Reviews: Pond, The Weather

An incredibly strong opening suite powers the Perth psych-rockers’ seventh album over the finish line.
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Pond The Weather album cover

Nick Allbrook’s mongrelized psych rock group Pond has always placed a premium on fun. They can be transportive, absorbing or plain ridiculous, but the M.O. of entertainment has underpinned all of their work to date. A little lightweight at points, perhaps, but heady escapism at its best.

There’s a little something else in the mix on Pond’s seventh album, The Weather: ambition. The album — the front end in particular — is populated with punchy, glossy, oversized tracks that pull you in, don’t let go, and rattle around in your head afterward. Kevin Parker returns for an encore on production, and his widescreen cosmic vision has only grown.

Aesthetically, The Weather shares a deep connection with Tame Impala’s Currents. Glittering xylophones, blown-out guitar solos, chipped vocals, and drums that would fill a yawning canyon all show up for the party. Parker has decided to set up shop in this world for the time being, and the look suits Pond, particularly in their less self-serious moments.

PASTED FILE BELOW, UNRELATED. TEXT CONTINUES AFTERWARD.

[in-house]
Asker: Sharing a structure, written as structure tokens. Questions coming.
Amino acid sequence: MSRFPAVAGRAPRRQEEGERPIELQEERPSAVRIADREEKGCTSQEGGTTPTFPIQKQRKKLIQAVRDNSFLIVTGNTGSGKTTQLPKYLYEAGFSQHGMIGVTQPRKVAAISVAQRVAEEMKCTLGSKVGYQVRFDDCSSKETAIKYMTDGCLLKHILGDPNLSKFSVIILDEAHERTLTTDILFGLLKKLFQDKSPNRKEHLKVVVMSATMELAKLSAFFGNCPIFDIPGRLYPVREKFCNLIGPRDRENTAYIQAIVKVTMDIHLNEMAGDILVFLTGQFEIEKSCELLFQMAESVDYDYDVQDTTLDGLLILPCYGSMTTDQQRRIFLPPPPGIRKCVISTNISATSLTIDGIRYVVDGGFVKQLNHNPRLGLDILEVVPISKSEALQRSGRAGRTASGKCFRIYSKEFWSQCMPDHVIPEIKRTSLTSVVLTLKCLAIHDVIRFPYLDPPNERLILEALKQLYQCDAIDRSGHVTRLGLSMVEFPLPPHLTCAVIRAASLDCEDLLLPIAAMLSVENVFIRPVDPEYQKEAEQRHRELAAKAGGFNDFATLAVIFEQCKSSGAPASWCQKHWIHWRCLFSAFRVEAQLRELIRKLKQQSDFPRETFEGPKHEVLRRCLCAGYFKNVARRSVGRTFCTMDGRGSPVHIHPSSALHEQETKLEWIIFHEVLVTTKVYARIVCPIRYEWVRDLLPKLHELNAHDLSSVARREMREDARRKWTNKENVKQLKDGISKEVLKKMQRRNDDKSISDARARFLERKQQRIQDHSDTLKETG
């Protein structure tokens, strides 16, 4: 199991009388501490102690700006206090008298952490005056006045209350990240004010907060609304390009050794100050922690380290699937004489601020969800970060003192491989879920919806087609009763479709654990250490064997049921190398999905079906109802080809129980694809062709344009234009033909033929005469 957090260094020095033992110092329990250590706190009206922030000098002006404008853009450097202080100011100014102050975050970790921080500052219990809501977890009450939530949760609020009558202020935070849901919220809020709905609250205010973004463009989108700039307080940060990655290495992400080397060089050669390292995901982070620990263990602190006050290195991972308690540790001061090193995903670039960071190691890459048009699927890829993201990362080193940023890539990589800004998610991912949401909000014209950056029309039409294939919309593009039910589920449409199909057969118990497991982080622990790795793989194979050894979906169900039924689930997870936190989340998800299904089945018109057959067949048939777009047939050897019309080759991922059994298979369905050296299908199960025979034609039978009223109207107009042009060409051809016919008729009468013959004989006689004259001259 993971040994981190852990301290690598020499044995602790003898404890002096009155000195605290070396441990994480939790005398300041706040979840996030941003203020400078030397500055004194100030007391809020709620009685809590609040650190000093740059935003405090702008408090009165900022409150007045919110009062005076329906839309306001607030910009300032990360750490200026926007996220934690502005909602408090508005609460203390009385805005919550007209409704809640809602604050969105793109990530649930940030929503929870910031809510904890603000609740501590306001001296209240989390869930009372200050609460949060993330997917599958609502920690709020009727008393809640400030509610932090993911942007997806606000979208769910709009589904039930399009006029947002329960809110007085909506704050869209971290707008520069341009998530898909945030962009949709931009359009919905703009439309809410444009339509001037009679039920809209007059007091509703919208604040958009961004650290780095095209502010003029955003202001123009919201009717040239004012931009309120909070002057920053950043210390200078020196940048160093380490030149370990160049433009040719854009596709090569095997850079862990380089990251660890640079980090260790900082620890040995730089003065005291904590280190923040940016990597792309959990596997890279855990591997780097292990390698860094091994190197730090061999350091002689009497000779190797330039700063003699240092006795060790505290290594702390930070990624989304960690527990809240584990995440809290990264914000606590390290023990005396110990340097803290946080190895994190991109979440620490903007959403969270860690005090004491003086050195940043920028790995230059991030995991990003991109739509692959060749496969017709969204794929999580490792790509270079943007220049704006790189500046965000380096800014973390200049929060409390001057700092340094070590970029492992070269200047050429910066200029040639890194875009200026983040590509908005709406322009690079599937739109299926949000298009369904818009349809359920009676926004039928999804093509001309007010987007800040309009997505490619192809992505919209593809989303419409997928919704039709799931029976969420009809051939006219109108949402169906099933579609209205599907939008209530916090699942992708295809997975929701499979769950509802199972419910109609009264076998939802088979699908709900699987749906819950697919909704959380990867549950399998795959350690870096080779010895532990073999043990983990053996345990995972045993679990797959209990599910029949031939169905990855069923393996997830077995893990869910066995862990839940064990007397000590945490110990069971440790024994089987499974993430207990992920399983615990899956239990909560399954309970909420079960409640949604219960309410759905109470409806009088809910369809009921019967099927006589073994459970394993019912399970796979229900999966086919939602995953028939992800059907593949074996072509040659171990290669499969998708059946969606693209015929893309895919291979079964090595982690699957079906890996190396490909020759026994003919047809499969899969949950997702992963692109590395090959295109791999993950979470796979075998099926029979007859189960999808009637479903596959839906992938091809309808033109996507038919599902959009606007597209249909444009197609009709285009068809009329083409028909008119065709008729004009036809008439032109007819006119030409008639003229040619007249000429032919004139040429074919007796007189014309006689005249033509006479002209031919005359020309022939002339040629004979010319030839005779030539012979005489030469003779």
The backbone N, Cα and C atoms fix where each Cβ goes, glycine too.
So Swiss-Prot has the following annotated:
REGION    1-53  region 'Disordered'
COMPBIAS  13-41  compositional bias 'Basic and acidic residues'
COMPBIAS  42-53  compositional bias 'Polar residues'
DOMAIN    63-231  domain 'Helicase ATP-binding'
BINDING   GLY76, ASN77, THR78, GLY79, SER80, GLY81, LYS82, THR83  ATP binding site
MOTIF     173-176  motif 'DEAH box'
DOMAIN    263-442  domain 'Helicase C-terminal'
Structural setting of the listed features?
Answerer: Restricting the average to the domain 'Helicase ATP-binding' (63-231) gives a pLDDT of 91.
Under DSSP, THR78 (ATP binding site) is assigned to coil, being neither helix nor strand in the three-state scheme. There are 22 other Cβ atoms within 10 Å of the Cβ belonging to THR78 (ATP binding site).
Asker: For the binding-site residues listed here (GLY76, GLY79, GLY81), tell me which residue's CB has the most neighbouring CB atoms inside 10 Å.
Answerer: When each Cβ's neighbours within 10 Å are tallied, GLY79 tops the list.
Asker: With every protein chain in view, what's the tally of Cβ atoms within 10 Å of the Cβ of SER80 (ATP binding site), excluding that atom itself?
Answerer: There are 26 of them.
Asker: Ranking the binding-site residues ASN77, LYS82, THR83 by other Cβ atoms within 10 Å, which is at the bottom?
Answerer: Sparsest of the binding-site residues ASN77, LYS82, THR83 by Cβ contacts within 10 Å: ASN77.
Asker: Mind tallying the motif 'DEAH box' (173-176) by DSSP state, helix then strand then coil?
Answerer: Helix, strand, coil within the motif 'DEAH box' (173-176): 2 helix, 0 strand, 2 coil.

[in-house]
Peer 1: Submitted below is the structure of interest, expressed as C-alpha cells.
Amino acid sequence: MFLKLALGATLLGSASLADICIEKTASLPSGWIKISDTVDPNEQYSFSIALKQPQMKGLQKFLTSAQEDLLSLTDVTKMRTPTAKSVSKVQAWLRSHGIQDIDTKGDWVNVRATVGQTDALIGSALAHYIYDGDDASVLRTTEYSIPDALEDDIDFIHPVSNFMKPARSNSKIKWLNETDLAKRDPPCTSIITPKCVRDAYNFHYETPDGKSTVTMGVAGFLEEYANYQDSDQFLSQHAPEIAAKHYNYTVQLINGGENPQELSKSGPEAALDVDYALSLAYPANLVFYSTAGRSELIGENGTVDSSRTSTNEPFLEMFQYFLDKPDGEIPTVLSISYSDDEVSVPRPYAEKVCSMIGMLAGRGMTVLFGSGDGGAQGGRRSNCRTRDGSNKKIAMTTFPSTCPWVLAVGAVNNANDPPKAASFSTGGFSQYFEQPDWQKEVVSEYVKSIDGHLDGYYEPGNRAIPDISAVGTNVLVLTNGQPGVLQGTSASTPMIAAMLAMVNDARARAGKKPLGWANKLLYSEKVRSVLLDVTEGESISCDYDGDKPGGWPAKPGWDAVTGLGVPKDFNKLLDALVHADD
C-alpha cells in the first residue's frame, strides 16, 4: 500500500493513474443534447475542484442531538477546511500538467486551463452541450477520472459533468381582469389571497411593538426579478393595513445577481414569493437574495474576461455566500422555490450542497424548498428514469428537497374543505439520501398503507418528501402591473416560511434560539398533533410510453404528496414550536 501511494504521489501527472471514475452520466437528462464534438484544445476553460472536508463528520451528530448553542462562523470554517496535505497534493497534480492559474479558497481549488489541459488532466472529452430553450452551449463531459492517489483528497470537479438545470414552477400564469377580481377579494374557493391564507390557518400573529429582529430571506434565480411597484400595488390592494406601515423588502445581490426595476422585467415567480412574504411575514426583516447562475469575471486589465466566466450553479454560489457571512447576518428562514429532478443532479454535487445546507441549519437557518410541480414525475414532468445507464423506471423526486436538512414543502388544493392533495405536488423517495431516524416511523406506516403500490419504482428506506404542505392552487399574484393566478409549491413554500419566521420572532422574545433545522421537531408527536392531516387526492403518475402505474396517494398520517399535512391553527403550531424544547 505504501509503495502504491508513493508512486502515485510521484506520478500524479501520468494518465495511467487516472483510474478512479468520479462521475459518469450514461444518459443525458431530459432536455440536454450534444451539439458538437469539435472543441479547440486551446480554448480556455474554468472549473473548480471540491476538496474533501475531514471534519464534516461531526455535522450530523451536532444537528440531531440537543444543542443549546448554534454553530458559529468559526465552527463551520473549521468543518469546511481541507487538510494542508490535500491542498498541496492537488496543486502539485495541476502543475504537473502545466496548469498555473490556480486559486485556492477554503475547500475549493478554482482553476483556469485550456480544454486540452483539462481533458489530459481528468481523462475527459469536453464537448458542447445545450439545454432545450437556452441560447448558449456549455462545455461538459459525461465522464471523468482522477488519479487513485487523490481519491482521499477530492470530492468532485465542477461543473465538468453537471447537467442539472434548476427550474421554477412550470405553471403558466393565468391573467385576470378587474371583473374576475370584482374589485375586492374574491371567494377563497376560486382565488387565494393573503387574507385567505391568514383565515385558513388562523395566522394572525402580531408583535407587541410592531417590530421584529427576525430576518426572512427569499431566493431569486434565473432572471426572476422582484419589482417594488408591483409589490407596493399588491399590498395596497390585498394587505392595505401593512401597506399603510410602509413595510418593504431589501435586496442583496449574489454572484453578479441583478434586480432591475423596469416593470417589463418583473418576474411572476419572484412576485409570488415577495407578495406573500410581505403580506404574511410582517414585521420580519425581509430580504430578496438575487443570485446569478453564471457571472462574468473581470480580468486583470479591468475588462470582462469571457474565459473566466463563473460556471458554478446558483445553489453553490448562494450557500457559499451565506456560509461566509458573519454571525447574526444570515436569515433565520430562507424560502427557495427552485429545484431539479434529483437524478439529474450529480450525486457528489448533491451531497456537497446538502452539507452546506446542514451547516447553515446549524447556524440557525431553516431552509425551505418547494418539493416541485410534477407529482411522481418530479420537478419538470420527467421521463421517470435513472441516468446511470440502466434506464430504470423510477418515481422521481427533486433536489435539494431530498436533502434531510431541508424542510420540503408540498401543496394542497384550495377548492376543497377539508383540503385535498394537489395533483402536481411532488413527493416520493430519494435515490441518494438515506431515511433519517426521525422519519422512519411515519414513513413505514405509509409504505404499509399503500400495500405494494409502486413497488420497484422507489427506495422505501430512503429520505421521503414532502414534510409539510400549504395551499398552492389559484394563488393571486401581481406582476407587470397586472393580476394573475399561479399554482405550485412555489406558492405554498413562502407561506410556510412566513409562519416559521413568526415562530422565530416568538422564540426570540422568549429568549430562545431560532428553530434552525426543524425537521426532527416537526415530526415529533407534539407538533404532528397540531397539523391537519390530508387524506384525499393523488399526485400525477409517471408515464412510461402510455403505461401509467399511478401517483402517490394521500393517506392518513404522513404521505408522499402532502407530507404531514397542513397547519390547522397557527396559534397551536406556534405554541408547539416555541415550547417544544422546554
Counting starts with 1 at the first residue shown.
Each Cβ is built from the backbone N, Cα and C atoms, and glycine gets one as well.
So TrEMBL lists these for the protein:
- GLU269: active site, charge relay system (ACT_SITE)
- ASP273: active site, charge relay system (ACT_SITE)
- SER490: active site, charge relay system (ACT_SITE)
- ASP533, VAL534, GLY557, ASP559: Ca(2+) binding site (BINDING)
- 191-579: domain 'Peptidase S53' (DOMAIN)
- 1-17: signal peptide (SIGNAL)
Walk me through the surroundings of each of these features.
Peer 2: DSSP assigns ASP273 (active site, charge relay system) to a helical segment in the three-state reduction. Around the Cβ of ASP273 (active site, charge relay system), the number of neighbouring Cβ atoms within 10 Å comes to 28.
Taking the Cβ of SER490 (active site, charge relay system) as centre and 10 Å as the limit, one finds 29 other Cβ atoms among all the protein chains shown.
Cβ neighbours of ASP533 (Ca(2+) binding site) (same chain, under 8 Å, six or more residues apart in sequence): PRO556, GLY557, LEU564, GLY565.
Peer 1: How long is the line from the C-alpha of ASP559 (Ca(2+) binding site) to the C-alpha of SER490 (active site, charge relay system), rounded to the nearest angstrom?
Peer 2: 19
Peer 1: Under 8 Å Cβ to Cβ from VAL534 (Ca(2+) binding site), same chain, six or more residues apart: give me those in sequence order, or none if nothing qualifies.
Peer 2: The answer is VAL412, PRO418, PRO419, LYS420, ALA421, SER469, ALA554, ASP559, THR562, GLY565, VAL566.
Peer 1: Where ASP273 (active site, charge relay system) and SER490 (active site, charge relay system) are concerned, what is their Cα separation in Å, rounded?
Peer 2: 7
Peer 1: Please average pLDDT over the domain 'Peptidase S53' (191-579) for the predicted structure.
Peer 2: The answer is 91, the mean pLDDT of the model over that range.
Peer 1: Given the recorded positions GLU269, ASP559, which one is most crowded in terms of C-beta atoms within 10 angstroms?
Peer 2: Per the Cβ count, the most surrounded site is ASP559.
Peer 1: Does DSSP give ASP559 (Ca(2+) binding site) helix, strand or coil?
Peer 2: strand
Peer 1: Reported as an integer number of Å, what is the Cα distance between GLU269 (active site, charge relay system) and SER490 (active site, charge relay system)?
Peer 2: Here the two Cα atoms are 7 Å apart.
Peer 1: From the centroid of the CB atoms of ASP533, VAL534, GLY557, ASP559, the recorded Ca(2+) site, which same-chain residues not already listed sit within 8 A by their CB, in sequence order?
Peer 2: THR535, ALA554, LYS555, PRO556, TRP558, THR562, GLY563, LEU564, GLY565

You could hear Parker tinkering with these ideas on Pond’s last album, Man It Feels Like Space Again. Here, no idea is too grandiose, too expansive. Just take the single “Sweep Me Off My Feet”, which has been hanging around for 3 months and lost none of its luster. Allbrook’s self-deprecated persona reaches a feverish peak as he shouts “I am not an angel/I’m barely a man/I’m lonely but I’m here.”

Other lyrics are grim to the point where you’re not quite sure you’ve heard them correctly. Lead single “30000 Megatonnes” mixes nihilism with self-flagellation: “There’s 30000 megatonnes pointing at her… 30000 megatonnes is just what we deserve.” The song unhinges its jaw, aiming the destructive potential at a single person, then at all of humanity. The results are unsettling and stirring.

The Weather’s opening suite is incredibly strong (“Paint Me Silver” is similarly seductive), but some of it is less formed, more conceptual, and occasionally devolves into outright caricature. “Colder Than Ice” and “All I Want For Christmas (is a Tascam 388)” adorn themselves in 80s retro trappings, and both feel a step back for a band clearly trying to leap forward.

But when he finds a seam between the grotesque, the fantastic and the goofy, Allbrook’s vision for Pond comes into focus. And the former is slowly nudging out the latter. “Edge of the World. Pt 1”, which morphs from vampire funeral march to rock odyssey. “How can you smile/You must be sick or mad to stay on Earth,” ponders Allbrook. “A/B” pulls off a similarly hairpinned stylistic turn. The mid-tempo title track is perhaps the most stunning hybrid of the bunch, corralling the cosmic ooze into a plaintive finale that reconciles these competing emotions.

For his part, many of Allbrook’s songs and performances display a bullish confidence. And while tongues never quite depart cheeks, there’s a beating heart and a brain populated with real worries. Remove the undeniable blockbusters and The Weather is a little thin, but the sheer irresistibility of those peaks is more than enough to power it over the finish line. Dream big, gents. B